The Security of the Elderly
Commentary by E. Fakotakis Kolaitis
On Wednesday, March 14th, HCGM’s Social Services Director, Eleni Fakotakis participated in the presentations and discussions surrounding the security of elderly people, organized by the Table de concertation des aînés de Montréal.
All citizens, including the elderly, have a right to life, liberty and security. Too often, our elderly clients cannot leave their homes because of fear due to slippery weather conditions, pollution that may affect their breathing, construction noise, environmental visibility issues, poor conditions on sidewalks, etc. The City and our elected officials have to work with the community organizations to help solve these problems and to help the elderly to remain active participants in society as they age.
33% of the Quebec population has physical and intellectual limitations and experience fear when they walk on Quebec sidewalks. Of this percentage, 57.2% of these people are over 65 years of age.
To facilitate the elderly person’s participation in city life as much as possible and to respect their autonomy as much as possible, we have to facilitate their using public transport, a sidewalk has to be adequately lit at night, clean and safe, with no holes, bumps or ice to manoeuvre. End of sidewalks need to be very visible and clearly identified with color and markings that help to guide an elderly to know where to walk when they have to cross and to be able to see if a vehicle is coming. Whenever possible, a green space can separate a sidewalk from the street. The lights at an intersection have to allow adequate time for an elderly person to cross. Elderly should have the comfort of a bench to sit on when walking to their CLSC, hospital, doctor, recreation center, church, or waiting for a bus. When there is construction, a temporary passenger sidewalk has to be set up to ensure pedestrian safety.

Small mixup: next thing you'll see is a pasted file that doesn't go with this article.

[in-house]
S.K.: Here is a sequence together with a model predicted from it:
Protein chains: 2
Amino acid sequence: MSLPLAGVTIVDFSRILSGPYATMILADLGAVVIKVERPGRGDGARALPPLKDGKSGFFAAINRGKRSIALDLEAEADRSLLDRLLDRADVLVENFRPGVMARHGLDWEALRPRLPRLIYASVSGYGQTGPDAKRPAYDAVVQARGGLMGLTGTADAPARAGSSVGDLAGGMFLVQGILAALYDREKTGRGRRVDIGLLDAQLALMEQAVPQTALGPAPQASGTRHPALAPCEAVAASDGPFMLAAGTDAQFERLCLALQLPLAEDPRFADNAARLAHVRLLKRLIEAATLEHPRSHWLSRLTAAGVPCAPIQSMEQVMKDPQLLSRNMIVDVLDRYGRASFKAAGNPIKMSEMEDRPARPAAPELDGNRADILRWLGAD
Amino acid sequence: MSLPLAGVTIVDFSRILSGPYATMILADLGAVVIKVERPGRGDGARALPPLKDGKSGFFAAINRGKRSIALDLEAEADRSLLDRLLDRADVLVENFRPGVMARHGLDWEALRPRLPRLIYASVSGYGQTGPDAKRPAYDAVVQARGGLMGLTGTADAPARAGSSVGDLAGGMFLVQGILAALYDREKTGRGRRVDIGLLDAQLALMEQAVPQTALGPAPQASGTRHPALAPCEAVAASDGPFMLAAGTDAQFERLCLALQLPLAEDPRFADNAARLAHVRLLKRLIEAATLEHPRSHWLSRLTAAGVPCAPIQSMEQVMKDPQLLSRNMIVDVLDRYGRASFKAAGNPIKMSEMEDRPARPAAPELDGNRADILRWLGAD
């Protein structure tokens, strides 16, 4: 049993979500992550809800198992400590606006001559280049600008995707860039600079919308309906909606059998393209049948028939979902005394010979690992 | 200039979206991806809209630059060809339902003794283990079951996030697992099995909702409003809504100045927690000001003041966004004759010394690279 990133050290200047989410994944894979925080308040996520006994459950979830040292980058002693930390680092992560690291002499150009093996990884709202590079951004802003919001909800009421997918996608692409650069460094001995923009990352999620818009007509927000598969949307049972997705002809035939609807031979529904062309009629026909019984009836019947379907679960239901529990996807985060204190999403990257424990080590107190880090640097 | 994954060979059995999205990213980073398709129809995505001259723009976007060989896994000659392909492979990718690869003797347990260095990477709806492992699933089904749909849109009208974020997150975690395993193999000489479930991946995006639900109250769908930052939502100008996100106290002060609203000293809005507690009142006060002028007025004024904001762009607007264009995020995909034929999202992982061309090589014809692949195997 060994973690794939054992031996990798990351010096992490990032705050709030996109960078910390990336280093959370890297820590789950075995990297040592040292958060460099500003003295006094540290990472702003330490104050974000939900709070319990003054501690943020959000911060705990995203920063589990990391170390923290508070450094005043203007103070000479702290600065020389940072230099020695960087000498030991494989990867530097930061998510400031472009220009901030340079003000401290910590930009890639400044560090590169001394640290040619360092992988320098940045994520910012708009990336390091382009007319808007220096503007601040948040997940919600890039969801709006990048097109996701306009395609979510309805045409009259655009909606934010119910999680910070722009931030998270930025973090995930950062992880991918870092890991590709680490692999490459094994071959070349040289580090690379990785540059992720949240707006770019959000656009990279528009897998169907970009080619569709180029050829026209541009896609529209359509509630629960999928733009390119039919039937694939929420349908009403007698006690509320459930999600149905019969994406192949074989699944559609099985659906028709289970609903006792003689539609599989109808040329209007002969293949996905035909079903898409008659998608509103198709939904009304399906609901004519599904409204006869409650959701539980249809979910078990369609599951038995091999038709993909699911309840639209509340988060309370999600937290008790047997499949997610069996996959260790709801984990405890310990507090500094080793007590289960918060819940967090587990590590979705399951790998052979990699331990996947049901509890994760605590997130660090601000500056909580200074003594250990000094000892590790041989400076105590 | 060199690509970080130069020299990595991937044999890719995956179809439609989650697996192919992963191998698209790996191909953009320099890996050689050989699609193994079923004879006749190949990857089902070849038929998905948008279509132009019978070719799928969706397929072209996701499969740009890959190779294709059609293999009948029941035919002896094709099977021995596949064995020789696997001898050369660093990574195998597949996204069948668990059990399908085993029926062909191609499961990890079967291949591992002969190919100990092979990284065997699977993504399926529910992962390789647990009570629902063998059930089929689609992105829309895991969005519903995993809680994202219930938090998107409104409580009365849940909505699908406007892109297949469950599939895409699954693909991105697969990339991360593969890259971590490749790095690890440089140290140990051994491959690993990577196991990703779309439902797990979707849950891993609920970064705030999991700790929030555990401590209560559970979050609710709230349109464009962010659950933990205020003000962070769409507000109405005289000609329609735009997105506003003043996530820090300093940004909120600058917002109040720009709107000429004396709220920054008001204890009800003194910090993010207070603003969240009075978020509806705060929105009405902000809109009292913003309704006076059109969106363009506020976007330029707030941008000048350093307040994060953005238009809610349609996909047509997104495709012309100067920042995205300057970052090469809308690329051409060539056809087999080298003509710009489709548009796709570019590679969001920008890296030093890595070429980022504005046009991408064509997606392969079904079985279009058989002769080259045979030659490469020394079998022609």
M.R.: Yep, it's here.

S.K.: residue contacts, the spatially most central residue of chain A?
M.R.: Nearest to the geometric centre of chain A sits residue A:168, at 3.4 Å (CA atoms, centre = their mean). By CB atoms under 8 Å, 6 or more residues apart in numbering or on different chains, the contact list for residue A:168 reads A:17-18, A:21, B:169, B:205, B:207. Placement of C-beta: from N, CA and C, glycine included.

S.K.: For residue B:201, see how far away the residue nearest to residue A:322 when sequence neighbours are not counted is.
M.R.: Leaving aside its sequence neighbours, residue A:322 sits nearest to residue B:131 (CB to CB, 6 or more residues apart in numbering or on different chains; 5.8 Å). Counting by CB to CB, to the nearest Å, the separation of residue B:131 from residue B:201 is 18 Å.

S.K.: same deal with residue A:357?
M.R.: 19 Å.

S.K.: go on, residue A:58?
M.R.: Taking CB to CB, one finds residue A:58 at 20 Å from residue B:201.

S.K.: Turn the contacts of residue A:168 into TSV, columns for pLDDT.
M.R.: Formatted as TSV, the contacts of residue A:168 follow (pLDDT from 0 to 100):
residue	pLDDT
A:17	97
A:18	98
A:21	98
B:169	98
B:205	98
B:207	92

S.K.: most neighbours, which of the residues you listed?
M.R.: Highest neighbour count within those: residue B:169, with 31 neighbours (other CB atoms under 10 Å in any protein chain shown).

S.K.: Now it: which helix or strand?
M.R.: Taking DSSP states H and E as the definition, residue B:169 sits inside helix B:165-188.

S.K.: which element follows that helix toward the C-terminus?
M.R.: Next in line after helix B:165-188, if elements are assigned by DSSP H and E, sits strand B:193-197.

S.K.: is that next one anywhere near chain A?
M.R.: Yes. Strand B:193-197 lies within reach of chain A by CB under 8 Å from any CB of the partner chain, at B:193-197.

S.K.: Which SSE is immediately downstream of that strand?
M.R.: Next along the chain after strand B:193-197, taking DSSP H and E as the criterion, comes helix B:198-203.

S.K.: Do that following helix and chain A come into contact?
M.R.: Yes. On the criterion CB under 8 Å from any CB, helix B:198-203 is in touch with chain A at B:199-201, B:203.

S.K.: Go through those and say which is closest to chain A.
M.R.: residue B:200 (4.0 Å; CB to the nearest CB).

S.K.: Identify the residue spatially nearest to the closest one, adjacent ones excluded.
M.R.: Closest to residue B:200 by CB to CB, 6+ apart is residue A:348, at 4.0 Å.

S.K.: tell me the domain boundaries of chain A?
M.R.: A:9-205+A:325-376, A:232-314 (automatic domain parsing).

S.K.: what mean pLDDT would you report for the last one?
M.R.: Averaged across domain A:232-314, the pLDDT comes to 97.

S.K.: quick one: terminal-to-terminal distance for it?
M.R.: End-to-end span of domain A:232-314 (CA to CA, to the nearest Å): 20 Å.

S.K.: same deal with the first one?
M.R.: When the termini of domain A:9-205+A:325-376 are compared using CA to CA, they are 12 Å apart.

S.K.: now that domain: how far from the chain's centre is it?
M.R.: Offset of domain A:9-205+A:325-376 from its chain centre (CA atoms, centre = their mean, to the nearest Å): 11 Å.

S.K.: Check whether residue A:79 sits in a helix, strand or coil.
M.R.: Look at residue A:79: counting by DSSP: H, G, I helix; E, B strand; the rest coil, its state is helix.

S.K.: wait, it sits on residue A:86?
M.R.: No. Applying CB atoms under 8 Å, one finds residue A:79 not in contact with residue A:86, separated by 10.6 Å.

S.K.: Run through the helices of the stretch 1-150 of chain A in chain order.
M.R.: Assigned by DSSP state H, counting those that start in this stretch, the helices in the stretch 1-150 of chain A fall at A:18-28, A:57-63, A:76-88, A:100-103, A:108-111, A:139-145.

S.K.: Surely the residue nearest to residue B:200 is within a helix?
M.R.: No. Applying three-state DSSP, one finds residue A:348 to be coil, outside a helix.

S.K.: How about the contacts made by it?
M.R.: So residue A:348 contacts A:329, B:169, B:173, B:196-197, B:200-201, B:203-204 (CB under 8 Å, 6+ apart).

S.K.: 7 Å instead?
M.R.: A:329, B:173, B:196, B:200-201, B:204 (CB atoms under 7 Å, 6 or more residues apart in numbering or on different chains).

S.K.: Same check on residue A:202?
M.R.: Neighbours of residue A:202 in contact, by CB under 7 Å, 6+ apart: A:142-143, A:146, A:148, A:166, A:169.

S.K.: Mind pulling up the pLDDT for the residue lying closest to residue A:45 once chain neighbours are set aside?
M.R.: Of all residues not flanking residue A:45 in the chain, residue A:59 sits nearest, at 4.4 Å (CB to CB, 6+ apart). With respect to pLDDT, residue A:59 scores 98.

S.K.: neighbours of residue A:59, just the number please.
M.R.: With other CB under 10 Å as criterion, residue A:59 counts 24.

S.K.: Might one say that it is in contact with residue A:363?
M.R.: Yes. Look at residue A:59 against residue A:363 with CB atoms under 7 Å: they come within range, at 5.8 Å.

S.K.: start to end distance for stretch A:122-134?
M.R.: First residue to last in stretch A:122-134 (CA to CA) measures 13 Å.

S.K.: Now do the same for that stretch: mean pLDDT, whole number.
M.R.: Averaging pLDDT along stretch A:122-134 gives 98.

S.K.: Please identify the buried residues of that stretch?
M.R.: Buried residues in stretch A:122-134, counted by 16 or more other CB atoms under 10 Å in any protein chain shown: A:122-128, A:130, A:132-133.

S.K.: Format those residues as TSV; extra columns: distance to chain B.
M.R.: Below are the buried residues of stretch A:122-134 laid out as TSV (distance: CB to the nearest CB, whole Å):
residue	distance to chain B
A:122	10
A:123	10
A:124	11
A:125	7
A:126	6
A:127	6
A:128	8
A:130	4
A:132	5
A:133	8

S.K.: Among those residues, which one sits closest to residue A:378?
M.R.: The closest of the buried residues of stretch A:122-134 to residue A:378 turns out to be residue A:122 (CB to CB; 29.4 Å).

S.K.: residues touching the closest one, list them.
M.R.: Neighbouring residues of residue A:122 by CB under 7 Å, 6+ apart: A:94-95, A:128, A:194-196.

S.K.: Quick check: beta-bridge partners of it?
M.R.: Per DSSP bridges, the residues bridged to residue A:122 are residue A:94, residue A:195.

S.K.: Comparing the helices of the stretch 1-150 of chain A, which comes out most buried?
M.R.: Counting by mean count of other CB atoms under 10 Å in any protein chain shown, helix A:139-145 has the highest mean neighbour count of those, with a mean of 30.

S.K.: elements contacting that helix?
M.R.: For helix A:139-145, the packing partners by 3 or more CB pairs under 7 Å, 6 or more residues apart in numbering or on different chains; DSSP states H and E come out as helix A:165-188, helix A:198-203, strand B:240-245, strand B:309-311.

This is a work in progress, the City is constantly making improvements. Each borough has their ”Plan de déplacement”. It is everyone’s responsibility to participate in making our streets and sidewalks safer for all. The experts and the people who use them, the pedestrians, the cyclists and motorists. We can all inform our borough when we notice things that may be dangerous to the elderly, people with limited abilities or even for children because safety is everyone’s concern.